USA Employment Issues

Manufacturing Activity Contracts, Can Service Sector Pick Up The Slack?

April 1st, 2008

According to the Institute for Supply Management reports this morning, American manufacturing activity again contracted in March. Other economic news points to continued pricing pressure (driven by commodities, like oil) and a sharp reduction in construction activity.

These issues are naturally intertwined and do not bode well for the future. Combine this with the massive effort to ship manufacturing jobs abroad and we are facing harsher and harsher economic downturns.

I have economic trends and investing successfully for over 25 years, so these I view these more drastic trends with concern.

Can the service sector pick up the slack? Every week I still hear about how these new service jobs are savior, but let’s take a look at what a lot these jobs are really – real estate agents, lawyers, and people pouring coffee. In California alone we have nearly a million people with real estate licenses. I must know at least 20.

It is actually hard for a company to close a major factory. There is a huge cost in doing it, where service jobs can be let go in a day. If they are lucky, the service worker might get two weeks of pay as severance. That won’t cover the mortgage for long.

Yes, there are some great service jobs in software, marketing, and finance, but do you think that cannot be done in India? As the economy soft companies will take another serious look at outsourcing service jobs abroad.

Still there is some real growth in service, but not nearly enough to offset the decline manufacturing. Most of the service related jobs are lower pay and are frankly insecure.

I went into my usual Starbucks today and instead of three of them, there was two (college grads). Even that job is so fleeting.

There is still hope, but we need to sit up and take notice. We need to have a plan that puts America first. We need real leadership.

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Getting The Word Out

March 15th, 2008

One of our customers at did something very cool recently to help get the word out on supporting American manufacturing – He wrote a letter to the editor of his local paper expressing his views. This really does make a big difference in getting the word out and folks to discuss the issue. The more we can get them thinking about, the more we can make change for the better happen.

I actually know several people in the newspaper business and it is a lot easier than people realize to get letters printed. For the most part, editors are actually happy to hear from their readers, and printing these letters helps them to show their involvement with the community.

Their advice is to keep the letter short, about three or four brief paragraphs. Get to the point right away. Make a couple supporting comments and conclude the letter. Quick and easy to both write and read.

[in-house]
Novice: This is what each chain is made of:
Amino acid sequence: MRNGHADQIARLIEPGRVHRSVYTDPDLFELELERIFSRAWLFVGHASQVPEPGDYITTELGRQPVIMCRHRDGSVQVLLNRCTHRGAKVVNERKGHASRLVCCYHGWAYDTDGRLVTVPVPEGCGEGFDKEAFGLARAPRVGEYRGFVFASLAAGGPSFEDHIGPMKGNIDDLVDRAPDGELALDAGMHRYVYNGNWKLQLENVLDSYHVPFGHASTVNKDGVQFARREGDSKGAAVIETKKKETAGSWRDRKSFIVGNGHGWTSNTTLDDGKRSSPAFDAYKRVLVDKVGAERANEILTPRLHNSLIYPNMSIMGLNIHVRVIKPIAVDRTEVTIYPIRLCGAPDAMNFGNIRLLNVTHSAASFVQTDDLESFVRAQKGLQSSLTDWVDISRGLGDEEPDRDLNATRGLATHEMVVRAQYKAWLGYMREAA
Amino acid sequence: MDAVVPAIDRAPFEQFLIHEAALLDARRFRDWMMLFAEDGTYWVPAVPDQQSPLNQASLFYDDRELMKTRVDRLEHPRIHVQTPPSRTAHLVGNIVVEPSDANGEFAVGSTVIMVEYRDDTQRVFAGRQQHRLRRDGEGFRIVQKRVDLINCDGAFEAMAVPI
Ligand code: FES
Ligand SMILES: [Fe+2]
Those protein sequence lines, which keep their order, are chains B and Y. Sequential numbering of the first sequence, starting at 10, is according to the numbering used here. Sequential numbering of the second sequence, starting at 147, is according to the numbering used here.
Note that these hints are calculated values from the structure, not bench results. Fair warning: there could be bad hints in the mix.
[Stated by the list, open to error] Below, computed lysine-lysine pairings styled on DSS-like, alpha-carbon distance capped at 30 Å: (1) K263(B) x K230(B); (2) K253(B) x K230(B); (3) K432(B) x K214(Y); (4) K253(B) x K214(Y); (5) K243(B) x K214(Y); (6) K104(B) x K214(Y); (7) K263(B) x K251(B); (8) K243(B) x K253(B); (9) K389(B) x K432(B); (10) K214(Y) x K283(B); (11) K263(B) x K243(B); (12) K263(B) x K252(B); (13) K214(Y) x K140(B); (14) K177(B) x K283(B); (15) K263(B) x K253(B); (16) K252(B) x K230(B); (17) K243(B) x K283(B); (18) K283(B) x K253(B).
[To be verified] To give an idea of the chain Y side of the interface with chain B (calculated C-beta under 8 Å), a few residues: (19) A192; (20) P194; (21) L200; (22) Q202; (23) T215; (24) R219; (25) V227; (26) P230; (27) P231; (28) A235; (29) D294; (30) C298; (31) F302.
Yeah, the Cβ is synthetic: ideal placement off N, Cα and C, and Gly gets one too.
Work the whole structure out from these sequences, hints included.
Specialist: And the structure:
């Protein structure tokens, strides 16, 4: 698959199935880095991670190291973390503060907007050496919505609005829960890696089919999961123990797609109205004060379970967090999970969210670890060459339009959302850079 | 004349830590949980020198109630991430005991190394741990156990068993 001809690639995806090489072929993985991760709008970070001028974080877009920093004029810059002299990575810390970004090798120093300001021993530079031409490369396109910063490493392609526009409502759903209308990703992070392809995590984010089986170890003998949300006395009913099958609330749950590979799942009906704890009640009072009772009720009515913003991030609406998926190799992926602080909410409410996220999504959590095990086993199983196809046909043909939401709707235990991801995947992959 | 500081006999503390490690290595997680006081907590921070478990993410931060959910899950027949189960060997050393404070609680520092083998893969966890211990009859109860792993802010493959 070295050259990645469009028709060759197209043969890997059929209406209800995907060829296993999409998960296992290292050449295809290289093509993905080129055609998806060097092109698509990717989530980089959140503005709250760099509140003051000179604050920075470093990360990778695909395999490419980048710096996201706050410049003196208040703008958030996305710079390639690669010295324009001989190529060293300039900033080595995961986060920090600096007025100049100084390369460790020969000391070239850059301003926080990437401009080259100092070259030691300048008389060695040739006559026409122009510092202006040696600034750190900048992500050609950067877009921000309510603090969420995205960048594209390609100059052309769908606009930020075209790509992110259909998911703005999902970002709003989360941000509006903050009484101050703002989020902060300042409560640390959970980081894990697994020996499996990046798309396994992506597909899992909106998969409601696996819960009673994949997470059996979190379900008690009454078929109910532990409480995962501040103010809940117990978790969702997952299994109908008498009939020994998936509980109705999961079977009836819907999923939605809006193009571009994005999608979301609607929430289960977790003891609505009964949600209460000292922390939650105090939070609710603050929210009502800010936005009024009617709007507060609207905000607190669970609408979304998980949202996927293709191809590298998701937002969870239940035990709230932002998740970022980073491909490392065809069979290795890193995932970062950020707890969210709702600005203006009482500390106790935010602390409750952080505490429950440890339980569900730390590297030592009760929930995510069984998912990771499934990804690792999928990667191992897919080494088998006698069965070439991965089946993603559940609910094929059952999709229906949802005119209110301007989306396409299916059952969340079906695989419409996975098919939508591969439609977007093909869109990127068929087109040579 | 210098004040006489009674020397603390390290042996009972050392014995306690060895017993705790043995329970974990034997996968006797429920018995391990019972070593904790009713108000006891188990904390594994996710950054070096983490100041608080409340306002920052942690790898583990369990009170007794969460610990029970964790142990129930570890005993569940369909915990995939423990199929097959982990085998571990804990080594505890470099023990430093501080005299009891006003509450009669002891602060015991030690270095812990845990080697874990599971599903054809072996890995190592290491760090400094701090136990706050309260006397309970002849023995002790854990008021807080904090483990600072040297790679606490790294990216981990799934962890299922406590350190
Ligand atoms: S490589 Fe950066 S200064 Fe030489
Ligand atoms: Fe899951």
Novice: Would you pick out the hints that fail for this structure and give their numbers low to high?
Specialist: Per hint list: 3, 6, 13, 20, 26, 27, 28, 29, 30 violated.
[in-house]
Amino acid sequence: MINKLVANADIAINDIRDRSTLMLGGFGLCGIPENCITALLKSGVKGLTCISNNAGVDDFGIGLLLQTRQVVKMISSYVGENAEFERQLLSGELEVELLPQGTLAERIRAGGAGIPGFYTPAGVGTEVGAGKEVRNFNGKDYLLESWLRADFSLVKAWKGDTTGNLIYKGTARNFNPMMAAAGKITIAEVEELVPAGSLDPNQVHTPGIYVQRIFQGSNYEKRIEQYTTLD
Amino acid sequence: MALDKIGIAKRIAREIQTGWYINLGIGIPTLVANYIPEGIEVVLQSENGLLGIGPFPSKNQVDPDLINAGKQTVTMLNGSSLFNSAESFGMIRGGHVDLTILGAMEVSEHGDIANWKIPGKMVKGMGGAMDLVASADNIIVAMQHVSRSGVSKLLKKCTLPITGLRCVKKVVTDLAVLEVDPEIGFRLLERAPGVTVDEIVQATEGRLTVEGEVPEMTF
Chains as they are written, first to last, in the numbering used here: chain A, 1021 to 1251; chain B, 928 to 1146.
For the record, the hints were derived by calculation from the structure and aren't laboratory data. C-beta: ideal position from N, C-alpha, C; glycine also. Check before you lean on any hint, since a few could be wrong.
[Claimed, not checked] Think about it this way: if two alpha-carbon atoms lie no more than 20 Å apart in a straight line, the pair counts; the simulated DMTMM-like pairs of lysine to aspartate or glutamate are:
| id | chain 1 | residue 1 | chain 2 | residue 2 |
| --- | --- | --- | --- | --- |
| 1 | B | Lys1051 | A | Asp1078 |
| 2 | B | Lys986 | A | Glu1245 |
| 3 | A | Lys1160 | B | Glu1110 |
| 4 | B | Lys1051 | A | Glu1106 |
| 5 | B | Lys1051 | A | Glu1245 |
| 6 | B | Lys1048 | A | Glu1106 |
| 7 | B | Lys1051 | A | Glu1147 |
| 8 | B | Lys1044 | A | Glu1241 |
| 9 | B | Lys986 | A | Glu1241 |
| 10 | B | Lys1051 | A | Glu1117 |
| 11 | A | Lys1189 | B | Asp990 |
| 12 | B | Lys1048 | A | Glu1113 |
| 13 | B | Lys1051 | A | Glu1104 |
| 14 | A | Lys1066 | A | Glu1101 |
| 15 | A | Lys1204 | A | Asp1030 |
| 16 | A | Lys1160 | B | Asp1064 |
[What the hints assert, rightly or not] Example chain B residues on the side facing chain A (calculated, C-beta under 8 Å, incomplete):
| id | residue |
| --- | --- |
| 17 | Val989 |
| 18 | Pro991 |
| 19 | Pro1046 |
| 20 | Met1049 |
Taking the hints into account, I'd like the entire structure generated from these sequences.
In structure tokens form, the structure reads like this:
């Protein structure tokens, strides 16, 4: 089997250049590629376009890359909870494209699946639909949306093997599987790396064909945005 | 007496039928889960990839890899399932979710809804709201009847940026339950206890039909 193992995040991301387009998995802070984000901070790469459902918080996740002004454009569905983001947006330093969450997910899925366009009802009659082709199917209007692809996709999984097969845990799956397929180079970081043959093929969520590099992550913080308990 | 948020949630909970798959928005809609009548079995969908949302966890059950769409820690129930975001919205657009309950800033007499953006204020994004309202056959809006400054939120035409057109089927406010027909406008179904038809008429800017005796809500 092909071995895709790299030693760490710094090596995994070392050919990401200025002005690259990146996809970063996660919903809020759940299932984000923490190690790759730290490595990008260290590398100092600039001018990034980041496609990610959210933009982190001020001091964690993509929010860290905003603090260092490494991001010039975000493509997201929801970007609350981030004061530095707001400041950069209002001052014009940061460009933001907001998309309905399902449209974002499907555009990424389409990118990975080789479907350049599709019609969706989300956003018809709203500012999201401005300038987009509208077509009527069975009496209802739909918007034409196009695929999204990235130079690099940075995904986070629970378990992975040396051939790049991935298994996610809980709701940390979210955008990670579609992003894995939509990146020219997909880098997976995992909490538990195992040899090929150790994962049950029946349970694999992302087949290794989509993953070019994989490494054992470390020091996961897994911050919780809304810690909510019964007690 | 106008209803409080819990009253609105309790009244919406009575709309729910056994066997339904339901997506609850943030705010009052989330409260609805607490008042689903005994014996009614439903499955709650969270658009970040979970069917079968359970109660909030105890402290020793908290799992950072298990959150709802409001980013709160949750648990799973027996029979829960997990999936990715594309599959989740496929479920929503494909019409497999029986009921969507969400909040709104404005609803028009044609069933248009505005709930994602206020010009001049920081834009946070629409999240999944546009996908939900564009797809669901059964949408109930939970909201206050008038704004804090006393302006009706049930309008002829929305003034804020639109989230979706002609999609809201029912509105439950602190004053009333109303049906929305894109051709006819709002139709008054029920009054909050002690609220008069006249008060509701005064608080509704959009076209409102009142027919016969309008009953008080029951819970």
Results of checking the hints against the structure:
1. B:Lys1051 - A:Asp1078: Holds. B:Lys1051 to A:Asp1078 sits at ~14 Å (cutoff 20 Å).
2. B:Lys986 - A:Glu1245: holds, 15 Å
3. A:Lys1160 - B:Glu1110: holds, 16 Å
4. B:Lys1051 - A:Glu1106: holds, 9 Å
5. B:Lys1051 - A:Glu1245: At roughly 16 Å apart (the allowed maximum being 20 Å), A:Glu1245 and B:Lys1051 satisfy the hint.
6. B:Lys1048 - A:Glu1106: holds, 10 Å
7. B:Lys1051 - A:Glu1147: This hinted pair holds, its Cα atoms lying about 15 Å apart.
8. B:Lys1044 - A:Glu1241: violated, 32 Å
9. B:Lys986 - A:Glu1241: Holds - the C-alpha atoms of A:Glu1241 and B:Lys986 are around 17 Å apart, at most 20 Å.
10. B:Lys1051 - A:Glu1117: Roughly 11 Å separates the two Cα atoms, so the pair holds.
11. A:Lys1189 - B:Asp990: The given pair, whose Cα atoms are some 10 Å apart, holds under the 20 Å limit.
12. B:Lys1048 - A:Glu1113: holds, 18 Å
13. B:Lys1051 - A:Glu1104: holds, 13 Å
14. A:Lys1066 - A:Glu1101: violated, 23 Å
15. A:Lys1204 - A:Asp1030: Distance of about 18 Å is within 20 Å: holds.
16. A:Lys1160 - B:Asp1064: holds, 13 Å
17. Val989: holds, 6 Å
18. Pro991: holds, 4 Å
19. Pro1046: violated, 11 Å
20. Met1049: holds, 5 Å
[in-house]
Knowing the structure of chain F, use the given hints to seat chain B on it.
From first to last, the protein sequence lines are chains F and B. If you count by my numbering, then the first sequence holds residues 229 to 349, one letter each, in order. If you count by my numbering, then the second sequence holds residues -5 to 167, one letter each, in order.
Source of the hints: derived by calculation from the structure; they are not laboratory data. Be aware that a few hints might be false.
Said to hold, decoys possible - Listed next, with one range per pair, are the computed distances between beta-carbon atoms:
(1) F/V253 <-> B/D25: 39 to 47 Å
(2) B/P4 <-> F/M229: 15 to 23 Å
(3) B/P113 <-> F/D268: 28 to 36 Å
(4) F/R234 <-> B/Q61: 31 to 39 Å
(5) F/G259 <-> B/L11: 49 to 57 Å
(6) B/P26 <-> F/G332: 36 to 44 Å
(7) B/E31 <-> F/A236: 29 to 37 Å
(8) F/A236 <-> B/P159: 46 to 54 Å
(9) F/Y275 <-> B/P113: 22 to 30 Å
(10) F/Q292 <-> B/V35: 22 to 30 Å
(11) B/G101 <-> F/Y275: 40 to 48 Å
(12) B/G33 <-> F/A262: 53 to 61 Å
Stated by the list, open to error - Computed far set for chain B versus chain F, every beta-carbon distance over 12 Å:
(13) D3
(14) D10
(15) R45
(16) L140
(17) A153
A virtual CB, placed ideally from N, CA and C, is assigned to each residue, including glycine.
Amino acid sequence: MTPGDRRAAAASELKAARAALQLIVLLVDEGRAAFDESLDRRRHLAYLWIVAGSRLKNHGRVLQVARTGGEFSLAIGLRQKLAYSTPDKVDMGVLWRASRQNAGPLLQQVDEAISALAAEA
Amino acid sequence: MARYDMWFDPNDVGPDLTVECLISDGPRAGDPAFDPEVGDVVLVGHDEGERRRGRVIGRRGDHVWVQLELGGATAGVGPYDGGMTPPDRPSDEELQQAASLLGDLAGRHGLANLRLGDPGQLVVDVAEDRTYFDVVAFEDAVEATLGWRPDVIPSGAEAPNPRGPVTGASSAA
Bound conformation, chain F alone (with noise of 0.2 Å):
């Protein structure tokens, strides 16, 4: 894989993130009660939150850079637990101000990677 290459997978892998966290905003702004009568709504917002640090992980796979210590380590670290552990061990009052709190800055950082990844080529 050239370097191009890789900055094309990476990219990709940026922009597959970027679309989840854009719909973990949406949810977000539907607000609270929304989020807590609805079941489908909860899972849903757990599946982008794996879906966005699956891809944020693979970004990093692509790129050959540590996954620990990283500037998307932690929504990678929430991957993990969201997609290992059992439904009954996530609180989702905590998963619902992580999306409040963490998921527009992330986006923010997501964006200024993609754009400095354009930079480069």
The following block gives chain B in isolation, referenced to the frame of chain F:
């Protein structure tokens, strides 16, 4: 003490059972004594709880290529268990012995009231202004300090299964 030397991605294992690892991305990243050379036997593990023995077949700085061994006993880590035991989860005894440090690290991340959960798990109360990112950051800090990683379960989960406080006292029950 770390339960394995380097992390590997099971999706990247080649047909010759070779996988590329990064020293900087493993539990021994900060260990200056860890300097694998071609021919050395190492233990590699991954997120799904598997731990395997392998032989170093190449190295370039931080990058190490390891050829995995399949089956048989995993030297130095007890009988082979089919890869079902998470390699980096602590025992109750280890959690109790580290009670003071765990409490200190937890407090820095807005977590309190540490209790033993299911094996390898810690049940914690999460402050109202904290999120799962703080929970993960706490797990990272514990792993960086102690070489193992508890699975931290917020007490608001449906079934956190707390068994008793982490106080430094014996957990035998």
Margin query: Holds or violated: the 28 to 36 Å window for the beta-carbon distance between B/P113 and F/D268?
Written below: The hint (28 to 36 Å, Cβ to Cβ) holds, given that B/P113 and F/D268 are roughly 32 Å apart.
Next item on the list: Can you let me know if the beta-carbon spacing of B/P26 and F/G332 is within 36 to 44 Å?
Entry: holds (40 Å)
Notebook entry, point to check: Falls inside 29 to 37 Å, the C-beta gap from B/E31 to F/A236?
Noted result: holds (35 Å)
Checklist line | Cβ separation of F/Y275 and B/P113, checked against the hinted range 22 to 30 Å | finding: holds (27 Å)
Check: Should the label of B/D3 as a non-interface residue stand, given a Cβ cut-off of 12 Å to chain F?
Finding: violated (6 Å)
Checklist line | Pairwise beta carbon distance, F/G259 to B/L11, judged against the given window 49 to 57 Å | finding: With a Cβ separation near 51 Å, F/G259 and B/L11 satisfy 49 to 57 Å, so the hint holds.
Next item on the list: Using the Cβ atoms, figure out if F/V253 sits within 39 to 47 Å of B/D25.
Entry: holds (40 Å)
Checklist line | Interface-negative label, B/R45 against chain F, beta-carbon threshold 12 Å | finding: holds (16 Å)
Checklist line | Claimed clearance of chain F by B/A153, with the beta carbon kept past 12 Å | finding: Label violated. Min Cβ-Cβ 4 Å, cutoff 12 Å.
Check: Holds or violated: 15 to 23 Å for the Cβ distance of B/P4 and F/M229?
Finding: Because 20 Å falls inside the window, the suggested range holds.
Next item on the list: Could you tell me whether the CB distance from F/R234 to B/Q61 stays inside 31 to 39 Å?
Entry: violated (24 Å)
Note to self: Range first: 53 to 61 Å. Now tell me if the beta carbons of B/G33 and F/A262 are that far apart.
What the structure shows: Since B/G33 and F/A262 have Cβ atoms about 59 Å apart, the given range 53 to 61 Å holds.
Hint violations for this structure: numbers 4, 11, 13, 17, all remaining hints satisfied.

It is easy to find the address of your newspaper online. Just address it to the editor. Don’t worry if they want to edit for size or fix typos, as it is the main point that matters.

Why not take 20 minutes to help American manufacturing recover?

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Tragic Blow to American Manufacturing

March 5th, 2008

The recent announcement that the Airbus/Northrop team had beat Boeing in a USA Defense Department contract for refueling jet tankers with a contractual lifetime value of $40 billion is a massive blow to one of the few industries the USA has continued to lead.

This contract was originally given to Boeing, but ripped away under pressure to allow bidding from European contractors. France and Germany have massively subsidized Airbus (now called EADS), which already was a key factor in the demise of McDonnell Douglas’s commercial jet aircraft business. If this order goes through it is not only a blow to Boeing, but to their hundreds of U.S. suppliers. Yes, Northrop is an American company, but they are along for the ride with Airbus – providing mainly political know how in Washington. Make no mistake, this new deal is to purchase hundreds of French/German jet aircraft.

It gets worse. If even the pentagon is buying foreign jets, why should any of our allies buy American jets for military or commercial purposes? If this goes through, history will speak of this deal as one of the key blows to America’s waning industrial capability. Tens of thousands of good jobs and technical know-how will be lost.

I have never before asked you to contact your congressman, but this time it too important. We must take a stand. Please contact them at, which allows a quick search of congressmen by zip code. Tell them this deal must be stopped and that you will vote against them if it goes through.

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